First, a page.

The lawyer for a Carleton University PhD student in solitary confinement in Turkey says he hopes the Canadian government will raise the matter with Turkish authorities.
“Canada does have the right to make inquiries or ask questions of Turkish authorities in a situation like this, where it appears that there may be fundamental human rights at risk,” said Paul Champ, Cihan Erdal’s lawyer.
Erdal, a 32-year-old PhD candidate at Carleton and a permanent resident of Canada, was taken to a detention centre in the Turkish capital, Ankara, in late September. Erdal was in Turkey in August to check on his parents during the pandemic, and stayed a few more weeks to conduct his doctoral field research.
He was among dozens of people across Turkey named in warrants and arrested on Sept. 25.
Cihan is a loved member of the Ottawa community and … we’d love to have him home.– Paul Champ, Cihan Erdal’s lawyer
“Many of the people in prison with him right now are elected officials — mayors, parliamentarians — and so Canada can reach out in those kind of circumstances and ask questions and (raise) concerns about the reasons for his arrest,” said Champ.
Allegations against the detainees relate to a letter written in 2014, which called on the Turkish government to step in to help the Kurdish town of Kobani, in Syria, at the height of ISIS attacks. The Turkish government accuses the signatories of supporting demonstrations that ensued in 2014, as people filled the streets to protest the Turkish military’s inaction.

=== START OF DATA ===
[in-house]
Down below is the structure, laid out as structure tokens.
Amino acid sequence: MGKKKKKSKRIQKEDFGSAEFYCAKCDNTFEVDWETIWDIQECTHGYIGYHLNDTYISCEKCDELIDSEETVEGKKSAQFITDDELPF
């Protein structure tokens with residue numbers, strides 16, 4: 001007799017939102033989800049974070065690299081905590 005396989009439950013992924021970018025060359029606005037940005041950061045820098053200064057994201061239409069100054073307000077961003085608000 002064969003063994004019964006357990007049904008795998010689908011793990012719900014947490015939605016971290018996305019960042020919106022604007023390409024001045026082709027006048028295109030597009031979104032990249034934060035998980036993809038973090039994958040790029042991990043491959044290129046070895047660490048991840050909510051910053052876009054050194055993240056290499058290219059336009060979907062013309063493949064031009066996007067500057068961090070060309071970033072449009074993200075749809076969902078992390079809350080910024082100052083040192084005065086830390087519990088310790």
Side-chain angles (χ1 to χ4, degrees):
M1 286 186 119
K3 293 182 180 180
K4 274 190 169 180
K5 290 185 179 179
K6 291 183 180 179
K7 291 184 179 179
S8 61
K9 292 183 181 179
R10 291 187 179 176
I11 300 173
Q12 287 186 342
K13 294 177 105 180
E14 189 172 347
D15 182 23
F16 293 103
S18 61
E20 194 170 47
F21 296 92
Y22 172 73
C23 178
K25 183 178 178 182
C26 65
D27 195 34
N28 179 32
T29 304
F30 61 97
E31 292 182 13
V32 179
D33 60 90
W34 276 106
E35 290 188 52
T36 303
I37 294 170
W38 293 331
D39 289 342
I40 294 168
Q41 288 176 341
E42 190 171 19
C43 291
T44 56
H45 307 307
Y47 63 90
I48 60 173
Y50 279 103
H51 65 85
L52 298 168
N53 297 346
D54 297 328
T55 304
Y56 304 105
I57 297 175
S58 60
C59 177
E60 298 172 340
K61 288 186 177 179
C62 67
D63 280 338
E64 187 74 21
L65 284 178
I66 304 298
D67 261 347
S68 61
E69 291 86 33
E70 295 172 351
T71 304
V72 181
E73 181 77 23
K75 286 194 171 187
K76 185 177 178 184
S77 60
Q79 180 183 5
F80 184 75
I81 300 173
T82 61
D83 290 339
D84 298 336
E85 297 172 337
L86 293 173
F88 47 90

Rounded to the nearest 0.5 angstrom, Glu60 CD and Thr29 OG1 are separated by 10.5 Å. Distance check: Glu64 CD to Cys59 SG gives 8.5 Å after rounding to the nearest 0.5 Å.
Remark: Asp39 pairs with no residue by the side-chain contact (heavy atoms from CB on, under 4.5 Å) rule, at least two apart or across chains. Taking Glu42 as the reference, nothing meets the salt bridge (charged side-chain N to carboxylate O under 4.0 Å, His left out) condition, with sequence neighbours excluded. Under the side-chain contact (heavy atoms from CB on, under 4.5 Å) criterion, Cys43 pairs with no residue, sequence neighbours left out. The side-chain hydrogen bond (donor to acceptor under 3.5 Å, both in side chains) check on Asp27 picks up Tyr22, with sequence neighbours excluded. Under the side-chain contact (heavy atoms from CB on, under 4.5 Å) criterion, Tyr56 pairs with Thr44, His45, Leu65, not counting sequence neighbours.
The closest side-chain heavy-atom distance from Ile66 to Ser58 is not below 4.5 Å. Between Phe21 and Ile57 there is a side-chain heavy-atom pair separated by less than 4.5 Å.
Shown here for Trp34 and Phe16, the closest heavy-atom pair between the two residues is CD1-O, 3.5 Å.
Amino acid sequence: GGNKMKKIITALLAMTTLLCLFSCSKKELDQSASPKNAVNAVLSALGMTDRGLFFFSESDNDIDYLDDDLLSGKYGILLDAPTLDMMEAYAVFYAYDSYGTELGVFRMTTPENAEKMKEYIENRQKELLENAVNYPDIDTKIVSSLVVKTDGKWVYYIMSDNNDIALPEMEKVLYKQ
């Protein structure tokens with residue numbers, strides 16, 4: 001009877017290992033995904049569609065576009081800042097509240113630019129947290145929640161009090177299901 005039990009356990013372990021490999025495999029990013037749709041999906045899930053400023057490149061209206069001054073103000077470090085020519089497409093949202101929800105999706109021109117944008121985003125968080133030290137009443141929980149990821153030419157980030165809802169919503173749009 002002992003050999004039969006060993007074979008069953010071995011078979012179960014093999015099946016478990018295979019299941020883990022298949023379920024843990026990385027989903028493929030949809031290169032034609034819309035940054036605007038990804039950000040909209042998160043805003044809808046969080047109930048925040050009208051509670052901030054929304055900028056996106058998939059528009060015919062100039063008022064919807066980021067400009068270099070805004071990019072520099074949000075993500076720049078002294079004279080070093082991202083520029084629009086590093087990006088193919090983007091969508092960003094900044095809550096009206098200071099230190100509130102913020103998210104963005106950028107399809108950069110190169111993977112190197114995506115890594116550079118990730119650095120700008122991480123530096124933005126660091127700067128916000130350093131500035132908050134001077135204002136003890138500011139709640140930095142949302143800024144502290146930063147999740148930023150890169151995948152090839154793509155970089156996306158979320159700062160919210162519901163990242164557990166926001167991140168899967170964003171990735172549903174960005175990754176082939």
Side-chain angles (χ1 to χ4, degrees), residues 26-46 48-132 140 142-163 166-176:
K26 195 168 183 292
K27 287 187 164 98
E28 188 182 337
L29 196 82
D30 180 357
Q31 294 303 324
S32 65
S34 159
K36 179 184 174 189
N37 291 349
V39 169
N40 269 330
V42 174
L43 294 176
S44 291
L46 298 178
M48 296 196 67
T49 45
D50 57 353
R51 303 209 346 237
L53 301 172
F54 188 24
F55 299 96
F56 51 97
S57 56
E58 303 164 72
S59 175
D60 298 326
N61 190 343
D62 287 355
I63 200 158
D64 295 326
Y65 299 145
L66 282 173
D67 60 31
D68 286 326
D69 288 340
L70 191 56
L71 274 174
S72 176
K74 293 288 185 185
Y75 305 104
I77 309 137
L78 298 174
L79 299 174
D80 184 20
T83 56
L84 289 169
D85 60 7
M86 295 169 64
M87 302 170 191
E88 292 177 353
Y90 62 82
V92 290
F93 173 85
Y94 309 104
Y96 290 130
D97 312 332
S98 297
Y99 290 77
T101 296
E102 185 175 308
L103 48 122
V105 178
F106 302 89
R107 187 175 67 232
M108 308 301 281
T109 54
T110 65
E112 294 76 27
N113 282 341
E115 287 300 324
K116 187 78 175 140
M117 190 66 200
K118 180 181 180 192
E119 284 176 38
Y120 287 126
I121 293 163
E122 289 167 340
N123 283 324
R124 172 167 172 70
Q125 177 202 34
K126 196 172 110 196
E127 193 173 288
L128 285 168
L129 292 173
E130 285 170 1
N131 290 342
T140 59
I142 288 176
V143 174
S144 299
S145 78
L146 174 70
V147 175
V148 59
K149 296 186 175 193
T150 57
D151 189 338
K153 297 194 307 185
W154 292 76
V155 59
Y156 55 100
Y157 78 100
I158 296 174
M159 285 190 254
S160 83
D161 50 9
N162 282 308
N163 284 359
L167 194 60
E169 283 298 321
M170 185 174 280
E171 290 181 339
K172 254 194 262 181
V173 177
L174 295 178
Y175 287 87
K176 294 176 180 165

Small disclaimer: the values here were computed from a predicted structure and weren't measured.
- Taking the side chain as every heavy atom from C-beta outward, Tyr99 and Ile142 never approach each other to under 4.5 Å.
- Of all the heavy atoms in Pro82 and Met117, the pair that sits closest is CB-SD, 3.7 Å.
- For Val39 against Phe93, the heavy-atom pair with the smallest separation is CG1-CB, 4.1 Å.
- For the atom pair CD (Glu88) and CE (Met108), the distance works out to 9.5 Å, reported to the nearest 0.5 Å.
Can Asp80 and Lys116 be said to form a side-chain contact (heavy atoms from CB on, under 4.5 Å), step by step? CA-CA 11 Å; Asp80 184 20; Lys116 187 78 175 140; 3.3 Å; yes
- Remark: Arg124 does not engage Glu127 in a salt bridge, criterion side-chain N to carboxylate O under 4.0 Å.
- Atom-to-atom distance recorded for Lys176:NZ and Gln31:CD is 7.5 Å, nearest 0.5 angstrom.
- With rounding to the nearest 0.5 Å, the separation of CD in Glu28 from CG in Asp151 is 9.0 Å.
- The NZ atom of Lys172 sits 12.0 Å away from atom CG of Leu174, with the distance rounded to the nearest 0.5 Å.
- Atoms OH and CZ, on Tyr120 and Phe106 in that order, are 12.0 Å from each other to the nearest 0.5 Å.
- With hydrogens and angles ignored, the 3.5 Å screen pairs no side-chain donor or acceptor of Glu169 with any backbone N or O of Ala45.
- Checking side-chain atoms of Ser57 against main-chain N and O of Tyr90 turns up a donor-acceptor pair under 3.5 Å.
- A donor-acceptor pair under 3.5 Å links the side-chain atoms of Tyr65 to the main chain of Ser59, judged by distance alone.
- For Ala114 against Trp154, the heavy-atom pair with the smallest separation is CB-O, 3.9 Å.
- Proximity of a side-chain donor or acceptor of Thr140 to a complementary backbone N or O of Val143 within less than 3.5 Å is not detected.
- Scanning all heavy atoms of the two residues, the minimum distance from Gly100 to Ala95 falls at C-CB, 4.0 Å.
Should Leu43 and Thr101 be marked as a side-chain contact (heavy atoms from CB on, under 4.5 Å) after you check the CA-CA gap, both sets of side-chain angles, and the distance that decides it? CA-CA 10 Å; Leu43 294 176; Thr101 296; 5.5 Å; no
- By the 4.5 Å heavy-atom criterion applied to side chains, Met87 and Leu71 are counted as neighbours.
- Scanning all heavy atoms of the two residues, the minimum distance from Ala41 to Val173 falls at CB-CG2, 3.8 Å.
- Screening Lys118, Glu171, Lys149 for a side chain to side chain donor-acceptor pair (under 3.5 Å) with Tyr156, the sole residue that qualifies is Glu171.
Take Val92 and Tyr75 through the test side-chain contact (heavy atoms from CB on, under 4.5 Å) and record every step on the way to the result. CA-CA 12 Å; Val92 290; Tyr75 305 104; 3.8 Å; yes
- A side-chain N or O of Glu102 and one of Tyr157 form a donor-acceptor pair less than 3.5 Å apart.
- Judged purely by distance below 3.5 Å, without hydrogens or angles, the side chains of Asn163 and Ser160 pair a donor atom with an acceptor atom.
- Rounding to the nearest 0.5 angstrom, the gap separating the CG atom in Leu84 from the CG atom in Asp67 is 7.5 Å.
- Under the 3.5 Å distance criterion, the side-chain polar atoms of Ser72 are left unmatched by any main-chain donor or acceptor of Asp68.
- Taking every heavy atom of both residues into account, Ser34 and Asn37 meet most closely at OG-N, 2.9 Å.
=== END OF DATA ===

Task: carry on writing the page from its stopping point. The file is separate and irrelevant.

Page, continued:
Champ said he doesn’t know for sure what Global Affairs Canada has done in Erdal’s case, if anything.
Ömer Ongun, left, poses with his partner Erdal in this submitted photo. Erdal was among dozens of people named in warrants and arrested on Sept. 25. (Submitted by Ömer Ongun)
“Even when it’s a Canadian citizen abroad, I don’t always know exactly what the Canadian officials are doing,” he said. “It’s very sensitive obviously, because it deals with sovereignty of another nation, and Canada doesn’t want to overstep and make the situation worse.”
In September, Global Affairs Canada told CBC it was aware of Erdal’s detention, and said “Canadian officials continue to monitor this case closely.”
In an email response to CBC Thursday, Global Affairs said it “has raised concerns with Turkish authorities,” but did not expand on exactly what officials have done.
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Erdal ‘doing much better,’ says partner
“It’s very difficult. You feel like you’re outside of the prison, but you’re somehow in a different prison,” said Erdal’s partner Ömer Ongun, a permanent resident living in Ottawa. Ongun hasn’t been able to see or speak to his partner since he was detained.
“It’s day 27 behind bars,” said Ongun on Wednesday, explaining that Erdal is waiting for a trial without formal charges being presented to him.
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Ongun said Erdal’s parents were able to visit him this week, and brought back news that he’s doing better than earlier. He said Erdal was able to receive newspapers and a few books.
“He’s doing much better mentally, but of course the conditions are challenging.”
He said Erdal is “receiving a lot of respect” from guards at the detention centre. “He said they’re calling him ‘professor,'” Ongun said.
Champ said the next step is getting Canadian authorities or the ambassador in Ankara to get involved.
“Hopefully (get them) just asking questions and reinforcing with Turkish authorities that Cihan is a loved member of the Ottawa community and that we’d like him home,” said Champ.